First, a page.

I fiddled for a long while with various combinations of XNA rendering modes, and whilst some of them produced the desired effect with his images, they would interfere with rendering other assets such as fonts.

Thankfully I stumbled on a tip-off to use the program PixelFormer. Whilst it's intended for editing, we simply used it to open images from Inkcape, and then re-export them, but with the pre-multiplied Alpha on. Various sources on the internet suggested that Inkscape already exported with pre-multiplied Alpha, but didn't seem to be the case for us. Running the images through PixelFormer did the trick for us.

Step 7: Dark At The End Of The Tunnel  

Dave has been beavering away on a custom 3D engine for the tunnel. Here are a few words from him explaining how it was done...

The game is going to feature a continuous tunnel, filled with obstacles, that the player must negotiate. In order to achieve this, first we’re going to need a tunnel. I decided to break down the problem into 2 classes: one to deal with the section of the tunnel we can actually see, TunnelSection, and one to deal with the tunnel as a whole, Tunnel.

TunnelSection will have the following responsibilities:

  1. Construct the vertices of this piece of the Tunnel.
  2. Construct the texture coordinates for each vertex.
  3. Draw the tunnel.

Tunnel will:

  1. Maintain the position of the TunnelSections (we’re going to be moving the tunnel rather than the player in order to prevent coordinates growing too large).
  2. Define the actual shape or curvature of the tunnel as a whole.

Today we’re going to look at creating the basic tunnel shape. Here’s the basic outline for the TunnelSection class.

A tunnel made from triangles has the following properties:

public float Radius { get; set; } //the radius of the tunnel walls
public int NumSegments { get; set; } //the number of segments in the wall. 5 would make a pentagonal tunnel.
public int TunnelLengthInCells { get; set; } //number of rings of vertices in the tunnel section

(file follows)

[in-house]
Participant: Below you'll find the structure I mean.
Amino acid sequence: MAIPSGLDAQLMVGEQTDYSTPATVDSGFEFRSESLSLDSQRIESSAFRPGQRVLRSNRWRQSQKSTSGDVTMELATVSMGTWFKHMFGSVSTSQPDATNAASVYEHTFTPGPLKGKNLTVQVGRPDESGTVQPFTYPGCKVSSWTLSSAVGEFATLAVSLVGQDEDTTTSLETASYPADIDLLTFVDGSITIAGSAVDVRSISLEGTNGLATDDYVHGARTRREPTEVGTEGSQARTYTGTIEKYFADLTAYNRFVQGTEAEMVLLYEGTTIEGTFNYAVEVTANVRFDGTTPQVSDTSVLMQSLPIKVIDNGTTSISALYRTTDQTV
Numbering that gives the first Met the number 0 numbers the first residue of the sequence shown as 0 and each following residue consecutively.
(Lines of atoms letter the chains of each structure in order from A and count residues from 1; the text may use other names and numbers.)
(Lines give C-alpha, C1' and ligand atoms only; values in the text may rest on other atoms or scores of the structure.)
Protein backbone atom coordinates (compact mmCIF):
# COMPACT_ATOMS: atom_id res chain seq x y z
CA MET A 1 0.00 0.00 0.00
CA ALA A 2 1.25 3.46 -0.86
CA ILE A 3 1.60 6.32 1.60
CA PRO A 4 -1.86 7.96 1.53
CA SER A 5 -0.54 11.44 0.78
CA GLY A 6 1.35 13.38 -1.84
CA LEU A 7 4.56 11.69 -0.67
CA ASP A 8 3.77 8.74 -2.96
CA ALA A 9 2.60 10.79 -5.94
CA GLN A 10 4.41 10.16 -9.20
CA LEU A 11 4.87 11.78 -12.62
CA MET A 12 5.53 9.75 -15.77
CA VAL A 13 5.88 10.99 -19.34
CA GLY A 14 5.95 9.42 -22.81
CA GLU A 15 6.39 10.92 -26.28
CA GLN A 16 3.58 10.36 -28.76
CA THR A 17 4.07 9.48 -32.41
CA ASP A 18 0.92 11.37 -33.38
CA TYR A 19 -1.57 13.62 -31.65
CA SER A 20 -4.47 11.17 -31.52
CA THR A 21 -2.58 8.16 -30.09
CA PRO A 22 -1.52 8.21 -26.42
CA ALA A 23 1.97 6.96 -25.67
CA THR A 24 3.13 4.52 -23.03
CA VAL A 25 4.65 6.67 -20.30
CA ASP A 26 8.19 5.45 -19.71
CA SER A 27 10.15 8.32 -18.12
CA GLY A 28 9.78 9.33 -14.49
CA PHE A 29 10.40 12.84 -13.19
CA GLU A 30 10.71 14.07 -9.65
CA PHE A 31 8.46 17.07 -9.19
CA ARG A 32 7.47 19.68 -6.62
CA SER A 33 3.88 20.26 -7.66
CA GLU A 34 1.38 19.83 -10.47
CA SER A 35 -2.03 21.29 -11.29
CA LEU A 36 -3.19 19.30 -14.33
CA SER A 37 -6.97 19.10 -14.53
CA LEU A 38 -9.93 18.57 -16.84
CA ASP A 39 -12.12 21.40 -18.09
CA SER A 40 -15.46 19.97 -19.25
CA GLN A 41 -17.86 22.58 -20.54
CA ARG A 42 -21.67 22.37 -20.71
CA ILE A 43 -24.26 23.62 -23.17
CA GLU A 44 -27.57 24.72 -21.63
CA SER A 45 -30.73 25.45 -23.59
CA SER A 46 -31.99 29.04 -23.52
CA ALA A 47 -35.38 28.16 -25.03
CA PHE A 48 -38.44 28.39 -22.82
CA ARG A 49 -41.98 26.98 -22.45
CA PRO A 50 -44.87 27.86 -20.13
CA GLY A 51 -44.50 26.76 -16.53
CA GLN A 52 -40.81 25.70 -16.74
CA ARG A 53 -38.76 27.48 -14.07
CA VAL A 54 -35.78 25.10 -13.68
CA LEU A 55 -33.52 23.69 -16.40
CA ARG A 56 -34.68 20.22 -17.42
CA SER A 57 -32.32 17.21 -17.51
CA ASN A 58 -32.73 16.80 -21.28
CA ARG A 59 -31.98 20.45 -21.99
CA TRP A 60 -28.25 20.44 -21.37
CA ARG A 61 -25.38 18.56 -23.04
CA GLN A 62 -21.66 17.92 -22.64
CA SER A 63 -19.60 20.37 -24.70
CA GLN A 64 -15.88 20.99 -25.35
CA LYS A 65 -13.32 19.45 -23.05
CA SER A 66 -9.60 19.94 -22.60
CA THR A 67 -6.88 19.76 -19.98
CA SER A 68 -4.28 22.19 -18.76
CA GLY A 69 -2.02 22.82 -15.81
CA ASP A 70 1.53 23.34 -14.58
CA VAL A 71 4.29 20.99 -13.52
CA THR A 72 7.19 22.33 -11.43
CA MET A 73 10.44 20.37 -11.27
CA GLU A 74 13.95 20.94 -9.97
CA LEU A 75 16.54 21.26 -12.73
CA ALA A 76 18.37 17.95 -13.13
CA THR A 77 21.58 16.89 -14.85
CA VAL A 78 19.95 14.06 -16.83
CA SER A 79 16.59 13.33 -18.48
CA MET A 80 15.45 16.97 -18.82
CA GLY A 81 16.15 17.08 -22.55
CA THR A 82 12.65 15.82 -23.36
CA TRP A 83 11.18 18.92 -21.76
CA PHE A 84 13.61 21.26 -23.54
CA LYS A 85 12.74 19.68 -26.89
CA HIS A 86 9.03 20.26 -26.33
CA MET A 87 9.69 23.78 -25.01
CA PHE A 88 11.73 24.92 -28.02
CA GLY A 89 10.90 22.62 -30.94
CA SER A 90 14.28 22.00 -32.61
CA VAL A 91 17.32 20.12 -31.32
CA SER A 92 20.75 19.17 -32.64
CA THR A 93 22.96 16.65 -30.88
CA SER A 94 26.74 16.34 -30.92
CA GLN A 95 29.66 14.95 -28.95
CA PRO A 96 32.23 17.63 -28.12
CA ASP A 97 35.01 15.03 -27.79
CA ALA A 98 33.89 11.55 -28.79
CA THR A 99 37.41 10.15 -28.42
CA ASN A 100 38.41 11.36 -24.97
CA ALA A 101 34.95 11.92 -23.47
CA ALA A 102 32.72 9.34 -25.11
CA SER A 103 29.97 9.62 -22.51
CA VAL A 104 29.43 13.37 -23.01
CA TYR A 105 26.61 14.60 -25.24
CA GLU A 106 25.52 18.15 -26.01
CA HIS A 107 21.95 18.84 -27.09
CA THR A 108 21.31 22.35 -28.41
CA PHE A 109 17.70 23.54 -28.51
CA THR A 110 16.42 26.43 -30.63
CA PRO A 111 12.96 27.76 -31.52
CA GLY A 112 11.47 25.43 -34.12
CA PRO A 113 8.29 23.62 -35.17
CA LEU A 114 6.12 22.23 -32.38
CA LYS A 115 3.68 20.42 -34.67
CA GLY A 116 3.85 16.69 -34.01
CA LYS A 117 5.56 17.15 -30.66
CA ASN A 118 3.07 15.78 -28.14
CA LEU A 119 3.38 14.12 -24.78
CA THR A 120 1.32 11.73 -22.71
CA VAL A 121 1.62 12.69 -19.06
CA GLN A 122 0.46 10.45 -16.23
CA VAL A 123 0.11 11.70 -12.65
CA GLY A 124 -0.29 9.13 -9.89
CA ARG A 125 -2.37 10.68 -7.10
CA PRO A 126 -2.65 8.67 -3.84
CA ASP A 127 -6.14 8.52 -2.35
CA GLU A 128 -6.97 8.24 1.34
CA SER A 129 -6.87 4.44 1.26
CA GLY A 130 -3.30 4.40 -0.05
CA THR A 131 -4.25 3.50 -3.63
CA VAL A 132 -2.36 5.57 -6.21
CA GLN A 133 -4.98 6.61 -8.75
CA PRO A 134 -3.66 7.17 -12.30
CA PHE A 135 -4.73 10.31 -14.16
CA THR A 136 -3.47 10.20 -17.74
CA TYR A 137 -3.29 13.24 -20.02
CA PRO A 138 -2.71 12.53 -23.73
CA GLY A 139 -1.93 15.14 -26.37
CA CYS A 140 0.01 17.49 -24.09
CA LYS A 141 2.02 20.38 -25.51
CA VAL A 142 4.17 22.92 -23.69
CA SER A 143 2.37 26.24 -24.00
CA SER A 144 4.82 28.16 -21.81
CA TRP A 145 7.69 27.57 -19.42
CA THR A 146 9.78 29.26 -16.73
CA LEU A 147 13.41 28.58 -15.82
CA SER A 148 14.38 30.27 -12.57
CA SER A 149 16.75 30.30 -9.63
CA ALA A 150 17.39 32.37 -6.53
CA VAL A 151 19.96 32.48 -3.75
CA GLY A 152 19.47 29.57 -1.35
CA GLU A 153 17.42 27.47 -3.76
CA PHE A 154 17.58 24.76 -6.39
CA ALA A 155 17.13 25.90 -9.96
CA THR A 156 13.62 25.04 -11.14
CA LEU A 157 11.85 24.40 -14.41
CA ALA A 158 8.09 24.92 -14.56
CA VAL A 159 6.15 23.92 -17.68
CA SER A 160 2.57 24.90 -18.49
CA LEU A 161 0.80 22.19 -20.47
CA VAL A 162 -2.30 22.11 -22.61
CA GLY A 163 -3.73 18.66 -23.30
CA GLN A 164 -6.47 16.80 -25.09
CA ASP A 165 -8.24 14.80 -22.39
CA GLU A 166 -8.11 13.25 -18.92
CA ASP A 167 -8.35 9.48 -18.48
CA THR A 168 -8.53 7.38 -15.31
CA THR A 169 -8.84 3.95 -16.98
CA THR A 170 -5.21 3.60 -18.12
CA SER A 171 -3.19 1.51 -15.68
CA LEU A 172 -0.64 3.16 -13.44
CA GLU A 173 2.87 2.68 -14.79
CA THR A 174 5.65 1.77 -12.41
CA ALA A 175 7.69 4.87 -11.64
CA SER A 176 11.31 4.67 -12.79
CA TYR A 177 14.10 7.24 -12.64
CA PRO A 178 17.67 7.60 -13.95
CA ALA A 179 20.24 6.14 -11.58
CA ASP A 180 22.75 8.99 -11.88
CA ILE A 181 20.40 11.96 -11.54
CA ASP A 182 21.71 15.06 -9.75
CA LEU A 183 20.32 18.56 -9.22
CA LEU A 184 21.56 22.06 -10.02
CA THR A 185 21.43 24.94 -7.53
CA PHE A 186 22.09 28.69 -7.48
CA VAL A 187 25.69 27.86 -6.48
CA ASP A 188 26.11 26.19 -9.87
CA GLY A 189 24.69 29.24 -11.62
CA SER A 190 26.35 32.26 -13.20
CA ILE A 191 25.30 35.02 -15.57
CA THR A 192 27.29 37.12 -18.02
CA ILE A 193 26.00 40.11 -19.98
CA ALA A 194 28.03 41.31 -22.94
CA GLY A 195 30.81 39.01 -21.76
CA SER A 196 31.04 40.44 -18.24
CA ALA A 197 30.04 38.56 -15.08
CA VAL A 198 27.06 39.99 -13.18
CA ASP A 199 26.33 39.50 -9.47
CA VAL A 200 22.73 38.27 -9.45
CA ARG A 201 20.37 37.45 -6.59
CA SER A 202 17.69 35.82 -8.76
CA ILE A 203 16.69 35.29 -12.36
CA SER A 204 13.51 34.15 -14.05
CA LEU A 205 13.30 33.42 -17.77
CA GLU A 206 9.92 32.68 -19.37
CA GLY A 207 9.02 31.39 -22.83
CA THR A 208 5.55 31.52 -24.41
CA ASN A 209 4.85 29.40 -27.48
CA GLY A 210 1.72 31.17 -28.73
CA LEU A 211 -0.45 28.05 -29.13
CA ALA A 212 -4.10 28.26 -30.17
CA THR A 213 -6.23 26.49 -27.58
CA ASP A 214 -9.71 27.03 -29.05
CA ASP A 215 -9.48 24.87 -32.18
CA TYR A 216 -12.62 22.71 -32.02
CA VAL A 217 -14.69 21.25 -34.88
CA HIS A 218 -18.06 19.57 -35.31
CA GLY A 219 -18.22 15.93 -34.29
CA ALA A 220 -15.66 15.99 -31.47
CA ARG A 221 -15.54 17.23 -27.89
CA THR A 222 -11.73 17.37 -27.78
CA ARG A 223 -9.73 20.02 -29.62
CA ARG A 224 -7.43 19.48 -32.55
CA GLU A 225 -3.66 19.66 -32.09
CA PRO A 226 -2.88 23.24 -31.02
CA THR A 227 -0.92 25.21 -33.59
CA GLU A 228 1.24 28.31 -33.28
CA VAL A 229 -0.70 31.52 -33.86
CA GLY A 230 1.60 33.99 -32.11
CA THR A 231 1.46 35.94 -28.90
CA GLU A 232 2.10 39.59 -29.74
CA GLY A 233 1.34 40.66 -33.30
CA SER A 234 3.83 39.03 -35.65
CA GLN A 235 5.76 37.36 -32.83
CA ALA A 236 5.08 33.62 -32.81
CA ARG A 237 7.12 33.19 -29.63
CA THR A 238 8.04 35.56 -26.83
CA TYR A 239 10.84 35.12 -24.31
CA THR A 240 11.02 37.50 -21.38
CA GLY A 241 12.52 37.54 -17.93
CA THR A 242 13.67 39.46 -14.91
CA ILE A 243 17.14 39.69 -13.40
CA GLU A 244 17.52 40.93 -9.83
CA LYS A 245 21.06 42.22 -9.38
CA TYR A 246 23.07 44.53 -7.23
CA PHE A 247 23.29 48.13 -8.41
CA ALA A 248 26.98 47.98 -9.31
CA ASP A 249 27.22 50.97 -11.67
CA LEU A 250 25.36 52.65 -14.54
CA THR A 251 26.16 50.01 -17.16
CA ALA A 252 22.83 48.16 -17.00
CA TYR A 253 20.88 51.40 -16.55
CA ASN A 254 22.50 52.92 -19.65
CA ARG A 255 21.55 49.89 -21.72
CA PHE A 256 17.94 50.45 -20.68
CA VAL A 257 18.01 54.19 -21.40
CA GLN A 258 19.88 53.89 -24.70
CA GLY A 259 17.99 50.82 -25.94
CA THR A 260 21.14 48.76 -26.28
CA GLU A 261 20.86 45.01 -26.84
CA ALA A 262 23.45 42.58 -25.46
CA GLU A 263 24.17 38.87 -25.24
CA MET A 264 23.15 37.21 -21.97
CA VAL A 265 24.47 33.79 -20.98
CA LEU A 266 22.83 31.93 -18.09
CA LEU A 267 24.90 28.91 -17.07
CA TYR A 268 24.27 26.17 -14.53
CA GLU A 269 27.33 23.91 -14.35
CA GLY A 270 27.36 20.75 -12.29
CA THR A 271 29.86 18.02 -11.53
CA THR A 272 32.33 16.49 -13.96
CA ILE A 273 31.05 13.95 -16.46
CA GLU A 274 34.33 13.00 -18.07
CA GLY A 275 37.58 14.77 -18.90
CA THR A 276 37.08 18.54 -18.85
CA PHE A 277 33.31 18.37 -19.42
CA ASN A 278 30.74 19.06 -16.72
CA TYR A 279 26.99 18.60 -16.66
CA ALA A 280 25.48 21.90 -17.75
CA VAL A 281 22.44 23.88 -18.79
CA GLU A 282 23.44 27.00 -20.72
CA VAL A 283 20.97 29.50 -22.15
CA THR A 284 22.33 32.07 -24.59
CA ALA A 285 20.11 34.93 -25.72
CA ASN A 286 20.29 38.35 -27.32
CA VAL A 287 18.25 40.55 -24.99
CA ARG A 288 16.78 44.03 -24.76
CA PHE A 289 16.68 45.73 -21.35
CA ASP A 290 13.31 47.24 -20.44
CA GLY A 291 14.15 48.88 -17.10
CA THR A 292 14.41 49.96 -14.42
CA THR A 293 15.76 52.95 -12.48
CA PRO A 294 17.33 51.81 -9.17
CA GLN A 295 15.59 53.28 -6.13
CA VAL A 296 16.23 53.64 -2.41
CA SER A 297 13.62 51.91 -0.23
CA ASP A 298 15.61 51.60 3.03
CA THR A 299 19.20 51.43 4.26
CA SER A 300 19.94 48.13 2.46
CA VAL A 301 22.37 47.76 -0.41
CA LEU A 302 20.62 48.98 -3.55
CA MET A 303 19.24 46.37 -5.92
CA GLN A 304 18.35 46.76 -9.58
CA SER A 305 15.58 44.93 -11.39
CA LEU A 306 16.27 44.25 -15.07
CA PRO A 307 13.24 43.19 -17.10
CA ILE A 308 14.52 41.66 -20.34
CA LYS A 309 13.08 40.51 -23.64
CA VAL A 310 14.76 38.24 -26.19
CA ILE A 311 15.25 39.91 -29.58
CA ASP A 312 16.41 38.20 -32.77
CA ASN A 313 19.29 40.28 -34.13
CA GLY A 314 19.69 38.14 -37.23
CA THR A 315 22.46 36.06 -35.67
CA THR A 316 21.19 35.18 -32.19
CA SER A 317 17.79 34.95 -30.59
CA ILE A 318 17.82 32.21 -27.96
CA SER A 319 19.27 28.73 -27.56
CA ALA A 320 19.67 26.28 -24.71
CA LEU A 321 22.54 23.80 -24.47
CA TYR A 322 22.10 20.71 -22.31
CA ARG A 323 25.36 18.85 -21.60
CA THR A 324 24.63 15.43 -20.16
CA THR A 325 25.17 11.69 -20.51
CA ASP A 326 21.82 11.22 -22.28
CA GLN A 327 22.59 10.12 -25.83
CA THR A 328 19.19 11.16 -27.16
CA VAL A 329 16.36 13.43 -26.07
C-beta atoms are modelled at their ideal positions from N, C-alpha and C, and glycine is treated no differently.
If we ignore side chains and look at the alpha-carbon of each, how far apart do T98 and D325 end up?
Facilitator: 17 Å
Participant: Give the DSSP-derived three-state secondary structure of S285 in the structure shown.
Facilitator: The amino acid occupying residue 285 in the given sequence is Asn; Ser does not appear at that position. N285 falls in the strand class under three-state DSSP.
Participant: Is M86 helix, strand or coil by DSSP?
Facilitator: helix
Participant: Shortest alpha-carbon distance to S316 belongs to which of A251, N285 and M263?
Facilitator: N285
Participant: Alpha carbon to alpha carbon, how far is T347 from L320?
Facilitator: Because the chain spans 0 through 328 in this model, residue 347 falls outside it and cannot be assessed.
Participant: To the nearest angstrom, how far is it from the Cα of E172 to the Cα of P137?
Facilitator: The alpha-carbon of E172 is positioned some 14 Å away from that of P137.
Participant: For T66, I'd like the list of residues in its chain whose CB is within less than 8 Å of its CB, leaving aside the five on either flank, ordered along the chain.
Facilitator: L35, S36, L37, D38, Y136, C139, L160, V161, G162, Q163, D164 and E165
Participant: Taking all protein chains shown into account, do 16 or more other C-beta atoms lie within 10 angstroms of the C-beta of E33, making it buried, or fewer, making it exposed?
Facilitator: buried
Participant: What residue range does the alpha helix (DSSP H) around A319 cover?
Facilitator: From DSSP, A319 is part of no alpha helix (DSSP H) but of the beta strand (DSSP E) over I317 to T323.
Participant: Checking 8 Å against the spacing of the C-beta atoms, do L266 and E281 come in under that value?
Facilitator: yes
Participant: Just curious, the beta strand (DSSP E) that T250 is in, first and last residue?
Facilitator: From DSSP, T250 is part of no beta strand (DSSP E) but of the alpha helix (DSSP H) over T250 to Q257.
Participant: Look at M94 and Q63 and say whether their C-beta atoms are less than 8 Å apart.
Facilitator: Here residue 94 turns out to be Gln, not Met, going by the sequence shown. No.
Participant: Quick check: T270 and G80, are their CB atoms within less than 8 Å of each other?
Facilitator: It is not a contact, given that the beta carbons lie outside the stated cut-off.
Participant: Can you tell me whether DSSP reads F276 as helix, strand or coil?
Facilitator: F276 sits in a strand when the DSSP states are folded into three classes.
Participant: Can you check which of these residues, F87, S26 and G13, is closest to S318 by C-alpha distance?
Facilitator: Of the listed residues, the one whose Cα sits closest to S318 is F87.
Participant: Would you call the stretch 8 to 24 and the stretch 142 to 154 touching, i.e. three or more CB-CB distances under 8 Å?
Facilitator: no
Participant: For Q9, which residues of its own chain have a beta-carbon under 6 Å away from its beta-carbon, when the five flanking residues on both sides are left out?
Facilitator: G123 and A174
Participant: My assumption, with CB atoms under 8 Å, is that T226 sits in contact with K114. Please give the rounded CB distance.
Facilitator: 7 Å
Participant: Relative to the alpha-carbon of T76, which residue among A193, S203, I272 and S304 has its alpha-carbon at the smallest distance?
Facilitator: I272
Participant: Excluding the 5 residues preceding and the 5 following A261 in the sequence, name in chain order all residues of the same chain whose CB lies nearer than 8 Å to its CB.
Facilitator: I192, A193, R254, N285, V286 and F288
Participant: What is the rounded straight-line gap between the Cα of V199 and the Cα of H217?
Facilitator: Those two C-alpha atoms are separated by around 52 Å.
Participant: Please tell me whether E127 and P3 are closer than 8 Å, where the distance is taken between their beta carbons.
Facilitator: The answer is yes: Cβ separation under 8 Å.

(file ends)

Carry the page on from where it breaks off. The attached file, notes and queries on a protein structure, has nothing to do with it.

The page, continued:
private float cellSize; //distance between the rings of vertices

Here's how we create the vertices:

private void ConstructVertices()
   int numVertex = NumSegments * TunnelLengthInCells;
   vertices = new VertexPositionColorTexture[numVertex];
   float sectionAngle = 2 * (float)Math.PI / NumSegments;
   int vertexCounter = 0;
   for (int i = 0; i < TunnelLengthInCells; i++)
      for (int j = 0; j < NumSegments; j++)
         Matrix rotationMatrix = Matrix.CreateRotationZ(j * sectionAngle);
         vertices[vertexCounter].Position = Vector3.Transform(
            new Vector3(0.0f, this.Radius, 0.0f), rotationMatrix);
         vertices[vertexCounter].Position.Z = -cellSize * i;

What we’re doing here is first we’re creating a new vertex with an x and z coordinate of zero and a y coordinate equal to our desired radius. Then we’re rotating that point around the origin by the appropriate angle and moving on to the next point. When we’ve done a full circle, we repeat the process but move out point further away by the distance defined by cellSize.

Since we’d like to keep the square sections that make up the tunnel looking like squares we need to work out what the distance between 2 points in the ring of vertices would be. We can do this by creating a point at (0, radius, 0) rotating around the z axis appropriate angle (2 * (float)Math.PI / NumSegments) then measuring the distance between the 2 points. As follows:

private float CalculateSectionSize()
       Vector3 point1 = new Vector3(0.0f, this.Radius, 0.0f);
       Vector3 point2 = Vector3.Transform(point1, Matrix.CreateRotationZ(2 * (float)Math.PI / NumSegments));
       return Vector3.Distance(point1, point2);

Now we have our vertices we’re going to need to fill our index buffer. The index buffer tells the GPU which vertices to use in which triangle. It’s a list that points to the index of each vertex in the vertex array.

private void ConstructIndices()
   int indexCount = TunnelLengthInCells * NumSegments * 6;
   indices = new short[indexCount];
   int indexCounter = 0;